Leadership

Don’t Talk Safety—Live It

Photo by Mike Legeros.

By David Cain

The word “safety” is misunderstood in the fire service. First, there is nothing SAFE about being a firefighter or a medic. A firefighter’s job, whether paid or volunteer, is not safe; the inherent risks of firefighting are too great to think that we can be safe. According to Merriam-Webster, being safe is freedom from harm or danger. The greater question is RISK. Just like safety, risk can be understood and managed to a degree.

The definition of risk is the integration of probability/consequences; this is a whole lot different than safety or being safe. We can take steps to lower our risk and play the odds that training, common sense, and experience will lessen the probability of a bad outcome. Much of what happens in a firefighting career can be beyond our control. We can do all the right things and still get injured or even killed because of no fault of our own.

However, the facts can work against us when it comes to protecting ourselves. Since my retirement, I have observed and studied trends and patterns in the fire service. In many cases, the “bad” outcomes have a direct correlation to poor choices.

One simple example is injuries sustained from not wearing a seat belt. I just read a story about a firefighter who died in an accident from excessive speed and not wearing a seat belt. Not only was the crew member killed but a subsequent report found that the driver had no idea how fast he was going because the speedometer was not working. This is crazy and not necessary. This story of noncompliance is very common.

Another hot topic I hear and read about is work schedules. Do we work these crazy, long hours for the wrong reasons? In some jurisdictions, drive time, family time, off-duty work, and overtime outweigh the sensibility of working reasonable hours. Much of this issue depends on the workload within a department. Studies have shown that the fatigue factor and lack of sleep can—over time—cause all kinds of mental and physical problems. In my own experience, I always took a nap on my days off, but you cannot make up for those lost hours of sleep.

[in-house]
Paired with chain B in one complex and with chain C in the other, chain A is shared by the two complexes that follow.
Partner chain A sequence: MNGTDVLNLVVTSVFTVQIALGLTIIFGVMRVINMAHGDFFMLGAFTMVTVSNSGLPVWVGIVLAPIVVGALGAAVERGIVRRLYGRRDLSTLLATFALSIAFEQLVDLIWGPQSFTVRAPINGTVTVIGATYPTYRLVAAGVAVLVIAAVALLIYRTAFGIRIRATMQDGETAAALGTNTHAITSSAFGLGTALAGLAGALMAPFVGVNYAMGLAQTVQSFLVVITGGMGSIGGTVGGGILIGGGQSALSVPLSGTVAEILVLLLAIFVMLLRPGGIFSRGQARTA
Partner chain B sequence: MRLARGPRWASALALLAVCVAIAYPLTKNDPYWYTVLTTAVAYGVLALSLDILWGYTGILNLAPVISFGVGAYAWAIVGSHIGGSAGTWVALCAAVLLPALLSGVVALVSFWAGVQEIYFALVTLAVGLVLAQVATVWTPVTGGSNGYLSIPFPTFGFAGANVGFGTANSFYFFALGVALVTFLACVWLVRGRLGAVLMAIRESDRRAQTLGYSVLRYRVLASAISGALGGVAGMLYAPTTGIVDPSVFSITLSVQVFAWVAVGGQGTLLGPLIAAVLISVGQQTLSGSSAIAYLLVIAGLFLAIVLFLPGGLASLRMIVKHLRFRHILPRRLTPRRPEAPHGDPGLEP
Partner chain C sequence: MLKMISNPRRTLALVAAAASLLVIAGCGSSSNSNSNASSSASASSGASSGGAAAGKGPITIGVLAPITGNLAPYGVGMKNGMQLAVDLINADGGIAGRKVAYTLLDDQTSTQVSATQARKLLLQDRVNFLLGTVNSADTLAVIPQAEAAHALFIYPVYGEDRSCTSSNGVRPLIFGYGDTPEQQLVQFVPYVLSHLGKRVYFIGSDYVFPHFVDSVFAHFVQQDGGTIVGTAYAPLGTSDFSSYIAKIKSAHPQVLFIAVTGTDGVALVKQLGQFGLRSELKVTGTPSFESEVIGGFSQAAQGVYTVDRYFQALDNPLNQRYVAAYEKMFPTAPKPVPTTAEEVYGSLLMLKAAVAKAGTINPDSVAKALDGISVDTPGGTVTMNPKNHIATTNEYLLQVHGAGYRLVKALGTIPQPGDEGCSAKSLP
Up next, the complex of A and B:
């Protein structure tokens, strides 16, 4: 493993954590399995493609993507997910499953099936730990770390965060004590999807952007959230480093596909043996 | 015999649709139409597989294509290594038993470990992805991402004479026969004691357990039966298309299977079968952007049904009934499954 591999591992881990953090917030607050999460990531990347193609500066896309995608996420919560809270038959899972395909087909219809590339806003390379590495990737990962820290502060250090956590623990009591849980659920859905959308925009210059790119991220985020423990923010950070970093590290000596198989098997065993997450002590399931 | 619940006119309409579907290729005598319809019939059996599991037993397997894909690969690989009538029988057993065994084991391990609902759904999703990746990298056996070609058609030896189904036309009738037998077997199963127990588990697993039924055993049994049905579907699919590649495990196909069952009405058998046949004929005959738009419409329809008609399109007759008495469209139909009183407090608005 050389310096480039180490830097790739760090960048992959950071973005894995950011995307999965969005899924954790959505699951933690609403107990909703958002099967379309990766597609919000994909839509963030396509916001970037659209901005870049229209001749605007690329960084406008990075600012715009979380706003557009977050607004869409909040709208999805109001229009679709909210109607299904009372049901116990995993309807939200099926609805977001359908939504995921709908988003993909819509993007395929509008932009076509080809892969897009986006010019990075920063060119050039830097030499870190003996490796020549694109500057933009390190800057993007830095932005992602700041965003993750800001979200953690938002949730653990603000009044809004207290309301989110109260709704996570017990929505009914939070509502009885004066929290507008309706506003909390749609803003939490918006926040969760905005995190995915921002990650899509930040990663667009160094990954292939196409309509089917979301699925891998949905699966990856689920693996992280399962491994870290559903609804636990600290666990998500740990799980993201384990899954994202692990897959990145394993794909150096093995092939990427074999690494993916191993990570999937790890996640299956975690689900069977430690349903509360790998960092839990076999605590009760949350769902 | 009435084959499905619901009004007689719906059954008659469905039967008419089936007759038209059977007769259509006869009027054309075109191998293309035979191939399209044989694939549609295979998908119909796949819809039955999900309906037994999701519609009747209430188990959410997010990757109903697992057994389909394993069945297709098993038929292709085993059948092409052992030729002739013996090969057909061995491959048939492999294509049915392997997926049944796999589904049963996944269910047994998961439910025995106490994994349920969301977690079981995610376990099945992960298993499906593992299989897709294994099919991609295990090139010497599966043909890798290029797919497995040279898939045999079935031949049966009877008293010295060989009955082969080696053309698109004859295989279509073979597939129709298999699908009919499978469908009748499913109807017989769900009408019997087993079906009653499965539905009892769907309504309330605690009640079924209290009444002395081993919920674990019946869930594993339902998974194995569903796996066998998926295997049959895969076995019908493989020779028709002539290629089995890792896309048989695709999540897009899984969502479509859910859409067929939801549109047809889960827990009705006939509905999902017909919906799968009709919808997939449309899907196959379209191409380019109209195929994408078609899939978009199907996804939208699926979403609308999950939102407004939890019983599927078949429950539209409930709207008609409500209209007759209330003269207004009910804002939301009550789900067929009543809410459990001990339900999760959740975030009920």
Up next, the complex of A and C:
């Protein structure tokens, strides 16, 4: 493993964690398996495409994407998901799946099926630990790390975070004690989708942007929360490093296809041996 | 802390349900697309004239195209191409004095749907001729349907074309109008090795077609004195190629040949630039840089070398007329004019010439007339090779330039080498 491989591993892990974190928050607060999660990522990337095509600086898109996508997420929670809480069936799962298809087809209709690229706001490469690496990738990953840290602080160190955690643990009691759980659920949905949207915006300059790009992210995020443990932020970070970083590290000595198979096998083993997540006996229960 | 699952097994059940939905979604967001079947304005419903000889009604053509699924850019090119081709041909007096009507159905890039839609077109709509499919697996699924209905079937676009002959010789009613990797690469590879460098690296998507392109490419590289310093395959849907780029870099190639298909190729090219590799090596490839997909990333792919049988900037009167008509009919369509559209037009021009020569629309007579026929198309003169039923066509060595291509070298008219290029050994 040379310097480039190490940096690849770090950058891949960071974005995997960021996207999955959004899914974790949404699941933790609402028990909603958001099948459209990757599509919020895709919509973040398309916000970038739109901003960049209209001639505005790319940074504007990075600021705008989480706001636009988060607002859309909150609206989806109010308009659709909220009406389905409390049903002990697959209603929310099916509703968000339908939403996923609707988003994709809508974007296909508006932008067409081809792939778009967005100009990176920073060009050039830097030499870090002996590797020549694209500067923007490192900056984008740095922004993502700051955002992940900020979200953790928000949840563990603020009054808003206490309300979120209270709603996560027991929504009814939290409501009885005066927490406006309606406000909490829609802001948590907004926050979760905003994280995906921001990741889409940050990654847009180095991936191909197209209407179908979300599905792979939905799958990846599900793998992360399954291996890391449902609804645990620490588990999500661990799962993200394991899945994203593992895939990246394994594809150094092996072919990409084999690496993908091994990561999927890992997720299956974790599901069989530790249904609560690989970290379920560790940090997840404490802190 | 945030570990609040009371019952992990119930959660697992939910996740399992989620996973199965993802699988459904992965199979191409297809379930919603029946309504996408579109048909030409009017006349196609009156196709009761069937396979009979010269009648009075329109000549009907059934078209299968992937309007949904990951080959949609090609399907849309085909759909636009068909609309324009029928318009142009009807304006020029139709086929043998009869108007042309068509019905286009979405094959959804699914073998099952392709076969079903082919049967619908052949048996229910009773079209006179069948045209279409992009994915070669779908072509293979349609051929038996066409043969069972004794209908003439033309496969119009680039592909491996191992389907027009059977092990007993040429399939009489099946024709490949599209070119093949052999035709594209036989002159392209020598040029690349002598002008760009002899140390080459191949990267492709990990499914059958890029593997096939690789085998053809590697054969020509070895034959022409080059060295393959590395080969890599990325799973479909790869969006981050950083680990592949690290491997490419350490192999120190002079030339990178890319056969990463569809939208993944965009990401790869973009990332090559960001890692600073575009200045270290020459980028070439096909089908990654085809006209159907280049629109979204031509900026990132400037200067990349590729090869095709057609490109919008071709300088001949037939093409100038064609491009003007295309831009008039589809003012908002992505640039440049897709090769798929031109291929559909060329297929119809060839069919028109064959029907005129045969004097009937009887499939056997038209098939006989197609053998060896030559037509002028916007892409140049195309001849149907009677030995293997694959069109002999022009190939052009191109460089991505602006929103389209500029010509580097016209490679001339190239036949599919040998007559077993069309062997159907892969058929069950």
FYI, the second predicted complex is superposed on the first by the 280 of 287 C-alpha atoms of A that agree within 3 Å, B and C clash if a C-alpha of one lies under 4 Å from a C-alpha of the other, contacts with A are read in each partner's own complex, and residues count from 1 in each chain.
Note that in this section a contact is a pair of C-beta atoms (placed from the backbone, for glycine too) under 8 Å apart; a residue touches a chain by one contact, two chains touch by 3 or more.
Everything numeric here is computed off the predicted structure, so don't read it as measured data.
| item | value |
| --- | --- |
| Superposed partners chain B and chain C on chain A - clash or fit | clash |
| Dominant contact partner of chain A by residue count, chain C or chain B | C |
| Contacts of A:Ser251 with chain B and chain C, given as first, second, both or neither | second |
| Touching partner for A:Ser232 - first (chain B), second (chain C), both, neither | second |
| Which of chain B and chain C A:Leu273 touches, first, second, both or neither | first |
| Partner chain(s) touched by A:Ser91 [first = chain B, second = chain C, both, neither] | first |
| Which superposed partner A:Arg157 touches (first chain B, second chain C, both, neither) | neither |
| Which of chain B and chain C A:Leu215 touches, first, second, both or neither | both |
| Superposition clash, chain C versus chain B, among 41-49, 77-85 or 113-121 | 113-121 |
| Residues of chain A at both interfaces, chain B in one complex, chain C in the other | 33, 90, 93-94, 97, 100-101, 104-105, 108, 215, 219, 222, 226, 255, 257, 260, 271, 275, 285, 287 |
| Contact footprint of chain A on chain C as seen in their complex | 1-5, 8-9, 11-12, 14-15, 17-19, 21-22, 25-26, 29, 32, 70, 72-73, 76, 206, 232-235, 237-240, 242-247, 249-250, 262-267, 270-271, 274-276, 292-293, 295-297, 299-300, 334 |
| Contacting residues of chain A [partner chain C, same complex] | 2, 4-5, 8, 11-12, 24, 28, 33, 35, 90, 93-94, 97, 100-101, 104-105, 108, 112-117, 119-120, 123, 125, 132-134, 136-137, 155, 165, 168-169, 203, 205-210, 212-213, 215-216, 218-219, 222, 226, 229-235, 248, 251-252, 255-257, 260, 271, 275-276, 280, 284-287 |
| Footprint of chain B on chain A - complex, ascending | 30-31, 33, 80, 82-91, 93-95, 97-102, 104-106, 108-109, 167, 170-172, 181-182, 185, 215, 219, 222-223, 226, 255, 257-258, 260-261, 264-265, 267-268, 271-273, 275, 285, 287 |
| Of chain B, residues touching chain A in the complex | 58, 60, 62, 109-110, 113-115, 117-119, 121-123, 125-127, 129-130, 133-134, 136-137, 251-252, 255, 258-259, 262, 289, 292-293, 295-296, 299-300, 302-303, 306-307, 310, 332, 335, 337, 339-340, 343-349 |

Other concerns that we can absolutely control are expectations that we, as firefighters, can do it all. It has become clear that the fire service is the “catch all” department. Can we really do it all? I think not.

The expectation is that we run 911 calls and many other nonemergent calls for service. We fight fires (structural and wildland) and we are tasked with hazmat, swift water, dive rescue, trench rescue, high- and low-angle rescue, auto extrication, fire inspections, public education, on-call status at planned events, truck checks, inventory checks, running power tools, cleaning the stations, training, and the never-ending EMS calls. This expectation is crazy and unrealistic.

Risk Management Practices in the Fire Service

In January 2018, the United States Fire Administration came out with their report. I read the document in its entirety. The key is the term “risk.” Following are my takeaways from this report.

First, we attempt to minimize detrimental effects. We cannot eliminate them. If the fire service is unable to perform its fire control mission, the community’s fire/risk balance could be compromised. Fire leaders are responsible for ensuring that their organizations are ready and able to perform their mission and meet the community’s expectations.

Next, agencies are spending money to compensate for circumstances that should have been avoided. For example, poor maintenance of fire apparatus is inexcusable. Citizens that fund the purchase of million-dollar trucks deserve proper care of their investment. The iconic symbol of a fire engine is always seen as clean and ready to go. The truth, based on documented reports, is that many fire apparatuses are not fit to be driven. The equipment that provides the means to do the work must be of paramount importance. Properly maintained equipment helps us balance the risks.

The proactive mentality vs. the reactive actions can and will reduce undesirable outcomes. If equipment doesn’t run, we can’t respond properly, leaving departments and the communities they serve in great peril.

The three primary control measures for risk managers are the following:

  • Administration.
  • Engineering.
  • Personal protection.

Ensuring that these three things are done properly is the chief’s responsibility. The chief is the risk manager and must protect the public assets of personnel, facilities, and equipment.

The tough decisions that a chief officer must make include the money spent and the desirable outcome. This includes replacing lost, stolen, or poorly maintained equipment.

Finally, operational risk is the inherent risk of response. We increase risk through a lack of good training, poorly maintained equipment, and firefighters who do not come prepared for the shift. We count on each other and we count on our equipment. Managing risk for others is the fire department’s mission. If we don’t attempt to manage risk, we are leaving our fate to chance.

 

David Cain is a deputy chief (ret.) with the Boulder (CO) Fire Department, where he served for 34 years. He works as a consultant for PSTrax.com, a technology service that helps fire departments across the country automate their apparatus, equipment, and inventory checks.

 

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